The Architect as Alchemist
The architect as alchemist is an analogy used by many in the building discipline to elude to the innate similarities between the methods of both practitioners. As a means of describing (or even sensationalizing) the process and output of the architect, this esoteric reference relies on the mystical aura surrounding the alchemist as a mad scientist who transforms basic elements into radical creations. At first glance the analogy seems quite fertile, however, deeper scrutiny reveals its superficiality in that anyone who takes a series of elements and creates something novel can be considered an alchemist of sorts. The fashion designer cutting and sewing fabrics to create a stunning outfit for the runway. The chef composing a collection of disparate ingredients to create a Michelin-quality meal.
The broad applicability of the analogy seems to dilute its significance in relation to the architect. However, rather than invalidate its meaning, I believe this generality offers an opportunity for further scrutiny, in order to mine for concepts and connections that clarify or re-frame the architect as alchemist.
In other words, further investigation reveals the shortcomings of the initial analogy while offering new means of representing the architect and their process. Employing Carl Jung’s analysis of the alchemist from his seminal Psychology and Alchemy, as well as his conceptions of the collective unconscious and individuation, I argue to reframe the metaphor as depicting an architectural practitioner who balances theory and practice to create buildings that challenge the standard identity of a given typology.
The process on which the analogy hinges is known as Chrysopoeia, wherein the alchemist takes base metals such as zinc, copper and lead and transmutes them into noble metals, such as gold. In parallel, the architect takes basic construction elements and through the design process, creates a masterwork.
Yet this analogy is incomplete, as a major component is typically omitted. Because alchemy is rooted in Hermeticism, a religion that acknowledges the imperfection of worldly beings, the transmutation process is not simply based in the physical realm, but is rooted in spiritual thought and represents the cleansing of one’s soul. The practice of alchemical transmutation has a theoretical and theological foundation that is therefore translated into the execution of a physical process.
In Alchemy and Psychology, Carl Jung claims the work of the alchemist is split between theory and practice, with mystical underpinnings yielding the chemical process. He describes this as the “double face of alchemy” wherein the practical aspect “consists of a series of experiments in the laboratory” driven by a speculative “edifice of ideas” realized through writings and drawings.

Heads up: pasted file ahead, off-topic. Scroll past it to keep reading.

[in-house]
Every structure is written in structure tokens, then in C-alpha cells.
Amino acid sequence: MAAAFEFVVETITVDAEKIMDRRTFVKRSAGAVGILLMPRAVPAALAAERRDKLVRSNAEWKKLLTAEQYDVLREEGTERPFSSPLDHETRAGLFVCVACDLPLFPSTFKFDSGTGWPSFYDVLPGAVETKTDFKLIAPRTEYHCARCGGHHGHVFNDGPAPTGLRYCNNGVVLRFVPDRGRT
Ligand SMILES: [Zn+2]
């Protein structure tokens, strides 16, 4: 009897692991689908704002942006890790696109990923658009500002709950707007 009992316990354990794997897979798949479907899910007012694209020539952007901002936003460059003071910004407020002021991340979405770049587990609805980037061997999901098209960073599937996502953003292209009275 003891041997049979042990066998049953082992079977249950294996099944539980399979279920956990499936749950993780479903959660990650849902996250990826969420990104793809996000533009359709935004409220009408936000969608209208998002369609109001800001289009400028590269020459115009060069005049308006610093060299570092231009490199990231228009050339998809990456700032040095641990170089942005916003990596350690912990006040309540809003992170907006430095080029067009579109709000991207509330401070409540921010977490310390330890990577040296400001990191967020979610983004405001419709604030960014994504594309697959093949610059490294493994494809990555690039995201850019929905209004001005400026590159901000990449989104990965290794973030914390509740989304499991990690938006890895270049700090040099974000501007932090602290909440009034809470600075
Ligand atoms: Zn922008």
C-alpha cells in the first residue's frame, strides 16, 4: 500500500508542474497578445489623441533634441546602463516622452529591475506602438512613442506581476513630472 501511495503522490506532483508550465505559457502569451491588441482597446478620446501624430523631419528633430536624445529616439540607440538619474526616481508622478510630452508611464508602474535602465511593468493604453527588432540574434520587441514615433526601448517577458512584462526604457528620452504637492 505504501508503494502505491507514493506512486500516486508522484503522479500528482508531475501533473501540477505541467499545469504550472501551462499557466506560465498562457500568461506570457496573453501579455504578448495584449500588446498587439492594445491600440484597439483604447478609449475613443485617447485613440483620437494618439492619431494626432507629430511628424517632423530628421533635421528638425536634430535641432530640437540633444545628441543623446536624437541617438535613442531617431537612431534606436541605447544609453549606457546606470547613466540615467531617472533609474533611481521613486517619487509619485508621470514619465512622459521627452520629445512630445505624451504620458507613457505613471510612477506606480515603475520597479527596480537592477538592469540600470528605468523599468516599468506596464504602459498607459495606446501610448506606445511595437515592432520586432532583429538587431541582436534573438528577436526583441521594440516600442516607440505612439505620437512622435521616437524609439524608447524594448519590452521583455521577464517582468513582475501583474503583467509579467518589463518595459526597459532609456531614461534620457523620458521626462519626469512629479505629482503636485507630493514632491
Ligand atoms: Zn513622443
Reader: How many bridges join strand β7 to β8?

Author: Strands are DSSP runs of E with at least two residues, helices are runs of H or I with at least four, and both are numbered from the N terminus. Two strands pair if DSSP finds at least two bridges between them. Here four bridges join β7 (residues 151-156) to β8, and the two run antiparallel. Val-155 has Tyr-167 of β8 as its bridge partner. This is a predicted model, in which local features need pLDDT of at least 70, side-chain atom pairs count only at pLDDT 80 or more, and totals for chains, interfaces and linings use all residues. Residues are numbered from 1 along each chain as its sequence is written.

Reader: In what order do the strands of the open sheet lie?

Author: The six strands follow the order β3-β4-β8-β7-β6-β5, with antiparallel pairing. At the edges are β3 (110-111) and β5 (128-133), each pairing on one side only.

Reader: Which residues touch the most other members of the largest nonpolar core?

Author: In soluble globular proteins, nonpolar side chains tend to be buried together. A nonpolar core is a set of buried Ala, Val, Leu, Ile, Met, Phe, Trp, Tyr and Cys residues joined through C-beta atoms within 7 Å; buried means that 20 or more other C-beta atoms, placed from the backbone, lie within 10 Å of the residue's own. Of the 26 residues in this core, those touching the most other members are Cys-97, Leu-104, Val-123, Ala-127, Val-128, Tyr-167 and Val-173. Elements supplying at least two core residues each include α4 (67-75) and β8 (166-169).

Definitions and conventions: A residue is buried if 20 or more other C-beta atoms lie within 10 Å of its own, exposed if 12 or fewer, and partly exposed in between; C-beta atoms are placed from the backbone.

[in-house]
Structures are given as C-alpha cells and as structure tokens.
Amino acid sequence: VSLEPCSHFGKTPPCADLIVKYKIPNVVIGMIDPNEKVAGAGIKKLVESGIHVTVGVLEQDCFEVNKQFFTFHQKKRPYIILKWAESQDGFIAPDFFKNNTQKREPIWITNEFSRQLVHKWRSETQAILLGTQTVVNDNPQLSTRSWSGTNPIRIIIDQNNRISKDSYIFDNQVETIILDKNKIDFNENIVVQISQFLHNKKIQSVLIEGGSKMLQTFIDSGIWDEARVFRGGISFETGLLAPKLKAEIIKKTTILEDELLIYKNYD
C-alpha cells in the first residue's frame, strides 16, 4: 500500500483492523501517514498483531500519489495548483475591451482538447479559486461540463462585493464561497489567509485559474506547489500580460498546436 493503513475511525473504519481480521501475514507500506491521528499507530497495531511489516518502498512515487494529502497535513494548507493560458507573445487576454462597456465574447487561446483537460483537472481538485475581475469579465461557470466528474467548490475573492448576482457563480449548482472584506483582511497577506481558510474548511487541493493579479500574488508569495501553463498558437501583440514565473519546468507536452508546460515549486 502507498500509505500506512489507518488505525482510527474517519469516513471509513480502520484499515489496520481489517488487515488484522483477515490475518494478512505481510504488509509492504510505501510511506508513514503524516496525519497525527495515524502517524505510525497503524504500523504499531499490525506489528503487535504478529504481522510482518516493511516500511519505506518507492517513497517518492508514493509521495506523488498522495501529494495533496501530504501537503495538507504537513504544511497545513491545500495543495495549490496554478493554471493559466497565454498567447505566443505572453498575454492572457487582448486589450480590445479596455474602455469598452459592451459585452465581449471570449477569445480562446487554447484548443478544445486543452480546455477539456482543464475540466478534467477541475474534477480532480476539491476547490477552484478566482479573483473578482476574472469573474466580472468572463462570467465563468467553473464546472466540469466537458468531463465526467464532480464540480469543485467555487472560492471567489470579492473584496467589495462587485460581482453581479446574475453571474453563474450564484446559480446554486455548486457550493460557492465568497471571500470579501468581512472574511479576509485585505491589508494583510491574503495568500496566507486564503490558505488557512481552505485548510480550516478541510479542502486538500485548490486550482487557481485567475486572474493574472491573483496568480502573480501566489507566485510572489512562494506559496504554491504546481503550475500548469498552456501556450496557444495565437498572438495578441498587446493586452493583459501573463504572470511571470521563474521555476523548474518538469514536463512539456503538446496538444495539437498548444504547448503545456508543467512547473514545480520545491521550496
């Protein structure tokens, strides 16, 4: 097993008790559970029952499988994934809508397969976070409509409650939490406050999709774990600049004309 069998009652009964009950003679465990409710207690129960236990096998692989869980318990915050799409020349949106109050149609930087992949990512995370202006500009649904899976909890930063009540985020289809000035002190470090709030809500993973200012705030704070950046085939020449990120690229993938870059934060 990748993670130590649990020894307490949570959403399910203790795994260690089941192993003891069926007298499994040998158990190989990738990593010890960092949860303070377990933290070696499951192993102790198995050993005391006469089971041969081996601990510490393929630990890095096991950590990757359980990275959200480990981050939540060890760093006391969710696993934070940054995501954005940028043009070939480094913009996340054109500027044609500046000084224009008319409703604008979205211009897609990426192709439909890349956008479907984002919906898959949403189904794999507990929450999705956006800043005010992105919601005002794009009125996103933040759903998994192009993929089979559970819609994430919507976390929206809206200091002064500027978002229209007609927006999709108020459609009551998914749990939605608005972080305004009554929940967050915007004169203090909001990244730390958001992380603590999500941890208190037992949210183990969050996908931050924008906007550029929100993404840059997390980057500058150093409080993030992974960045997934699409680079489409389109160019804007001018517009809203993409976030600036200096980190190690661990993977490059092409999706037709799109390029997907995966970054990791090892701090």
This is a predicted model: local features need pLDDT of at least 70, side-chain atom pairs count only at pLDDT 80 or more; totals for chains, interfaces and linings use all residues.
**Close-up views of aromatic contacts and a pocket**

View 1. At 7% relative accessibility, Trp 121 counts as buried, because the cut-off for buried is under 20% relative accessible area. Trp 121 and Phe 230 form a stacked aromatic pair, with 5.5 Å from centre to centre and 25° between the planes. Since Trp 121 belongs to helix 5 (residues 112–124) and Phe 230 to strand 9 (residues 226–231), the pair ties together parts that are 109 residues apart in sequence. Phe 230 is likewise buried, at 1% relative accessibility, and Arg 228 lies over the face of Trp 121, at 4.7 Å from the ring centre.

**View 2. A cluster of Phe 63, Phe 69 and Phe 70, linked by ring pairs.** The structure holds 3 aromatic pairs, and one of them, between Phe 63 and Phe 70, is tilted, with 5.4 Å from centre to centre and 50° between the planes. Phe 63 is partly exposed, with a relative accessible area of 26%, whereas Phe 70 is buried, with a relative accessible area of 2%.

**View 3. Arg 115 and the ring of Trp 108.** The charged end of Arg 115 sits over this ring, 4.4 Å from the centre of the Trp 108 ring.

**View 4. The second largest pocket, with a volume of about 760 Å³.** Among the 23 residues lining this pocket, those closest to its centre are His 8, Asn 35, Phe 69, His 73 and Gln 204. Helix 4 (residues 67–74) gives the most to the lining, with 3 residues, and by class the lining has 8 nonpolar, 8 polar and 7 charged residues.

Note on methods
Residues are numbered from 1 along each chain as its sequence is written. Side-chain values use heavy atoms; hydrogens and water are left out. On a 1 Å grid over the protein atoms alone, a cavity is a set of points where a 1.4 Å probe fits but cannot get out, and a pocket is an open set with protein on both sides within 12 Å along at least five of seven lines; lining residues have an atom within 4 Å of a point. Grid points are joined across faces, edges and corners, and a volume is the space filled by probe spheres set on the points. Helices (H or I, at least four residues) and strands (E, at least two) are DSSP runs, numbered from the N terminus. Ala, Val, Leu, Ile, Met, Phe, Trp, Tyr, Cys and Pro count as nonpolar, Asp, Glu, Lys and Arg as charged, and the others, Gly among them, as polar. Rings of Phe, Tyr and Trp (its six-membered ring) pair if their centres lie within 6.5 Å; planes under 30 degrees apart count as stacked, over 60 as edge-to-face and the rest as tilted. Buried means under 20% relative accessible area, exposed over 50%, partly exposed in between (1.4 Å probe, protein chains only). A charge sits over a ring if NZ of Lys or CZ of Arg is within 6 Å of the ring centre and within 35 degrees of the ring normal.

Infamous for their cryptic and symbolic nature, alchemical drawings were graphic representations of the alchemist’s theories and processes. It is within these drawings that Alexander Roos claims Jung “was solely interested in the internal nature of the hybrid form of alchemy and only acknowledged its external, chemical workings as the scientific projection of psychological developments.” Jung claims that alchemists used specific symbolism within their writings and drawings that humans inherently and universally understand. Known as the collective unconscious, Jung claims, these symbols have archetypal identities that have a profound impact on one’s life and interpretations of the world. An example of an archetype within the collective unconscious is the wise old man, a person assumed to be much wiser and sounder of judgement than others due to his age.
In order to differentiate oneself from the collective unconscious, every person depends on the process of individuation, through which one’s personal unconscious and experiences impact their development as an individual. Jung claims it is through individuation that alchemical processes offer insight into the transformation of a person. It is this process of individuation from the collective unconscious, on which the analogy of the architect as alchemist relies.
Recognized as a creator of radical productions, the architect is only analogous to the alchemist when the practitioner relies on theory to create a building that challenges its archetypal identity. Therefore, the analogy of architect as alchemist is reserved for a select few who have challenged the standard identity of a given typology via their theories.
Though admittedly brief, this book will offer four architects who are analogous to the alchemist by this new definition. Their theories and buildings are presented with equal importance and no preference is given in relation to aesthetic or ideological beliefs. I selected the house as grounds for experimentation, as it is a typology that pervades our unconscious through its archetypal square mass and pitched roof. The evidence for this lies in the consistent drawings of children who depict the typology with shared consistency. These case studies offer evidence into how the architects employed theories of architecture to influence their production, creating radical homes that challenge our conventional thought and in doing so, re-framing the analogy of architect as alchemist.